Josh Kutchinsky: What is wrong with a Secular Europe?

Josh Kutchinsky is a trustee of the British Humanist Association and the Secretary of the Central London Humanists

Nothing.
What could be wrong with a secular Europe?
It would be a Europe where your right to your religion or belief is respected.

Here is what it says in the European Convention (formally the Convention for the Protection of Human Rights and Fundamental Freedoms):

“Article 9 – Freedom of thought, conscience and religion
1. Everyone has the right to freedom of thought, conscience and religion; this right includes  freedom to change his religion or belief and freedom, either alone or in community with     others and in public or private, and to manifest his religion or belief, in worship, teaching,  practice and observance.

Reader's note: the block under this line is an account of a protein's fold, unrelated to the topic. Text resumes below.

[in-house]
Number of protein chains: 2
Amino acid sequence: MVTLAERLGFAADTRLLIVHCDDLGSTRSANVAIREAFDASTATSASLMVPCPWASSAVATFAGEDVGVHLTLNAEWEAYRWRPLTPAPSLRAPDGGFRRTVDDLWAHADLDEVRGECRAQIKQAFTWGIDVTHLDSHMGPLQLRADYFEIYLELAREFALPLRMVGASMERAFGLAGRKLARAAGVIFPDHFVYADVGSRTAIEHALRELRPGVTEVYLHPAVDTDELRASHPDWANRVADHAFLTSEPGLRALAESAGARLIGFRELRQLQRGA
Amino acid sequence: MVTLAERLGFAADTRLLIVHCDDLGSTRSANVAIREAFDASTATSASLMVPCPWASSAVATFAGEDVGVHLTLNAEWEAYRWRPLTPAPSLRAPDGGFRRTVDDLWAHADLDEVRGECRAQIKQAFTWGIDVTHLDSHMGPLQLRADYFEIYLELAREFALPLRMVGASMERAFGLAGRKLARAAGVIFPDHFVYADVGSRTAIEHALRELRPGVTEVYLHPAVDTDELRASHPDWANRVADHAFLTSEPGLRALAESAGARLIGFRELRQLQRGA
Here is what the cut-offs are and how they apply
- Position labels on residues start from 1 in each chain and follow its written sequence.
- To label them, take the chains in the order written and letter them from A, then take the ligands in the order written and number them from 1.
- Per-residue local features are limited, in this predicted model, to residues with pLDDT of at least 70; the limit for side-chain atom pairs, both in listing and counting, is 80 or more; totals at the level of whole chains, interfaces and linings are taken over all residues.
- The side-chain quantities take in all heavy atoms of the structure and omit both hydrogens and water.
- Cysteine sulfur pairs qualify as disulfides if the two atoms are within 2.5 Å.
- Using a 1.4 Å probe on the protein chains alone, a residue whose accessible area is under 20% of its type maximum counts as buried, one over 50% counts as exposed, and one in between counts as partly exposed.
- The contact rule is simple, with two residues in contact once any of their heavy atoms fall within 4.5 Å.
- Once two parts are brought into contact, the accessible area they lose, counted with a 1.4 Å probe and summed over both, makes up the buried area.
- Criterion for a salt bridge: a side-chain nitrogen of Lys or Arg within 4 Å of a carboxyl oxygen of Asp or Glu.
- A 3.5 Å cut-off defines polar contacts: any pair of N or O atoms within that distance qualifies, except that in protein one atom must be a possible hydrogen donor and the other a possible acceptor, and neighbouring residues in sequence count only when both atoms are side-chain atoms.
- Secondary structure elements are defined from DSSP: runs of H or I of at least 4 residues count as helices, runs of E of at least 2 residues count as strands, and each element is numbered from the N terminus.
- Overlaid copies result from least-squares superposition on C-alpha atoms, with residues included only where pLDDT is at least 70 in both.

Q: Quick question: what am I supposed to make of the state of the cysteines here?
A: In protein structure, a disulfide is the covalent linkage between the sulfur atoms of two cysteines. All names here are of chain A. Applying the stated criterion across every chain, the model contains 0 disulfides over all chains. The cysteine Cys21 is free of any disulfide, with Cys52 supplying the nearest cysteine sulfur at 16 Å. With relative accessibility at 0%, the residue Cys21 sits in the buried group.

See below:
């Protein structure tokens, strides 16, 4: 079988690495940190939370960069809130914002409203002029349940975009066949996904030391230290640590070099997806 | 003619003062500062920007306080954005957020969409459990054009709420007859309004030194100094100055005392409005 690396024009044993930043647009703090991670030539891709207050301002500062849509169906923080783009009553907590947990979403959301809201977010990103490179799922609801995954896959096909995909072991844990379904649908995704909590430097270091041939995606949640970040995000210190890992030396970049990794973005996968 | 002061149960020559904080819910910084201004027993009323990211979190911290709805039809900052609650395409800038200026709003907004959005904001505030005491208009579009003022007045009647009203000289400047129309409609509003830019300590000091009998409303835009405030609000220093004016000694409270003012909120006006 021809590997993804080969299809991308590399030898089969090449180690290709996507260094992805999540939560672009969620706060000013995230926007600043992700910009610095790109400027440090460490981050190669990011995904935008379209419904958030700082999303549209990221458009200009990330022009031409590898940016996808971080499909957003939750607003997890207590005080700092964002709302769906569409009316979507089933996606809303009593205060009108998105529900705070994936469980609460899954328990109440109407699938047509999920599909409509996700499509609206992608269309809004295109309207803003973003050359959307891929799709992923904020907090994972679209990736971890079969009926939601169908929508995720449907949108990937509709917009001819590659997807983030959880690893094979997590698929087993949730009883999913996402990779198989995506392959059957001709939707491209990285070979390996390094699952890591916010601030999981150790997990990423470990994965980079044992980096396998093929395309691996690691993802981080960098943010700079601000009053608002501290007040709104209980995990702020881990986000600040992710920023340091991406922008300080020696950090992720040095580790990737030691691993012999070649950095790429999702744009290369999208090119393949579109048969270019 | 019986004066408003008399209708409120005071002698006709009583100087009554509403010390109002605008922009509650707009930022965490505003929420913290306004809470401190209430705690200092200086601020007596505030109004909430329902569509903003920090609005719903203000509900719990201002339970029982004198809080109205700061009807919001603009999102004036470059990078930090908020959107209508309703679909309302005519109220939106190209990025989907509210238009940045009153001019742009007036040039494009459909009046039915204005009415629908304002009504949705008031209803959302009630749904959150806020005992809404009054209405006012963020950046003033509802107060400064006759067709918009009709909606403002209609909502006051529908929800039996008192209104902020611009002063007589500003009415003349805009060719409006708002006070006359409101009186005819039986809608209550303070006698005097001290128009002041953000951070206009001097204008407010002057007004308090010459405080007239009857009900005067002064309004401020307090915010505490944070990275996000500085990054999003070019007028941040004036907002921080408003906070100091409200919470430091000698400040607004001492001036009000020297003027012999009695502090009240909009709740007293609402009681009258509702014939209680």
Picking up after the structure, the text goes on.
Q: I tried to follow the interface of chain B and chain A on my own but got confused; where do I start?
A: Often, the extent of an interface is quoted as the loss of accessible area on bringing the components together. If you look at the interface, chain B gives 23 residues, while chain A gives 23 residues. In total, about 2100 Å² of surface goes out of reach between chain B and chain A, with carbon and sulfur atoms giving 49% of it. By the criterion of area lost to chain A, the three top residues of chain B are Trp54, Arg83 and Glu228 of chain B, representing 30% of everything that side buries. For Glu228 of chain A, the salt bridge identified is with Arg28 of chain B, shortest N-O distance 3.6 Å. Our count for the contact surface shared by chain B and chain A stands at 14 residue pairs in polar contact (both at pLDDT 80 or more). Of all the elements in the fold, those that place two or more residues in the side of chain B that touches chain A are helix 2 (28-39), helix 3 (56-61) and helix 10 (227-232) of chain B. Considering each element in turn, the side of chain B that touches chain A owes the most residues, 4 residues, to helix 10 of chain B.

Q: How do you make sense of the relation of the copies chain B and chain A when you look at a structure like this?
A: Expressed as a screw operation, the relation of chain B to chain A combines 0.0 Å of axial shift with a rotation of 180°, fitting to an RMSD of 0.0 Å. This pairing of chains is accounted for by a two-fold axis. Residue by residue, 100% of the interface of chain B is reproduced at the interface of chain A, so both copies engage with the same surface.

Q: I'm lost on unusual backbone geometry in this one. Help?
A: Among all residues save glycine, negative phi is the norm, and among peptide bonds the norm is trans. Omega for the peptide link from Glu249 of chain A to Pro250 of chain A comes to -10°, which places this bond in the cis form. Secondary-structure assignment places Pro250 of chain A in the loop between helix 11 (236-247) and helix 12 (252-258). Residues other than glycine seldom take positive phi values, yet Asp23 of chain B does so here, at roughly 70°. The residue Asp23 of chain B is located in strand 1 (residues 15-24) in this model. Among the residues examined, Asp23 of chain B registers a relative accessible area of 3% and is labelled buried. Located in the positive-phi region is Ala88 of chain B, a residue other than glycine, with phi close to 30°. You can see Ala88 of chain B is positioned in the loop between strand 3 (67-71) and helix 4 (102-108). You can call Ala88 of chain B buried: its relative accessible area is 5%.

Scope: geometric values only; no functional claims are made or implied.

2. Freedom to manifest one’s religion or beliefs shall be subject only to such limitations as     are prescribed by law and are necessary in a democratic society in the interests of public safety, for the protection of public order, health or morals, or for the protection of the rights and freedoms of others.”
(note: Sorry about the ‘his’  in the first paragraph but this document was drafted a long time ago in the year of my birth,  1950.)

Most European countries are signed up to the Convention. So, you may ask, what am I concerned about?
Well, actually at present 47 Countries have signed up and there are some non-European countries with observer status and one non-country. Guess the non-country? Yes. The Holy See !  see also this article.
Much of Russia is in Europe and it is not a signatory.
Belarus is not a signatory and neither is Kosova or Macedonia.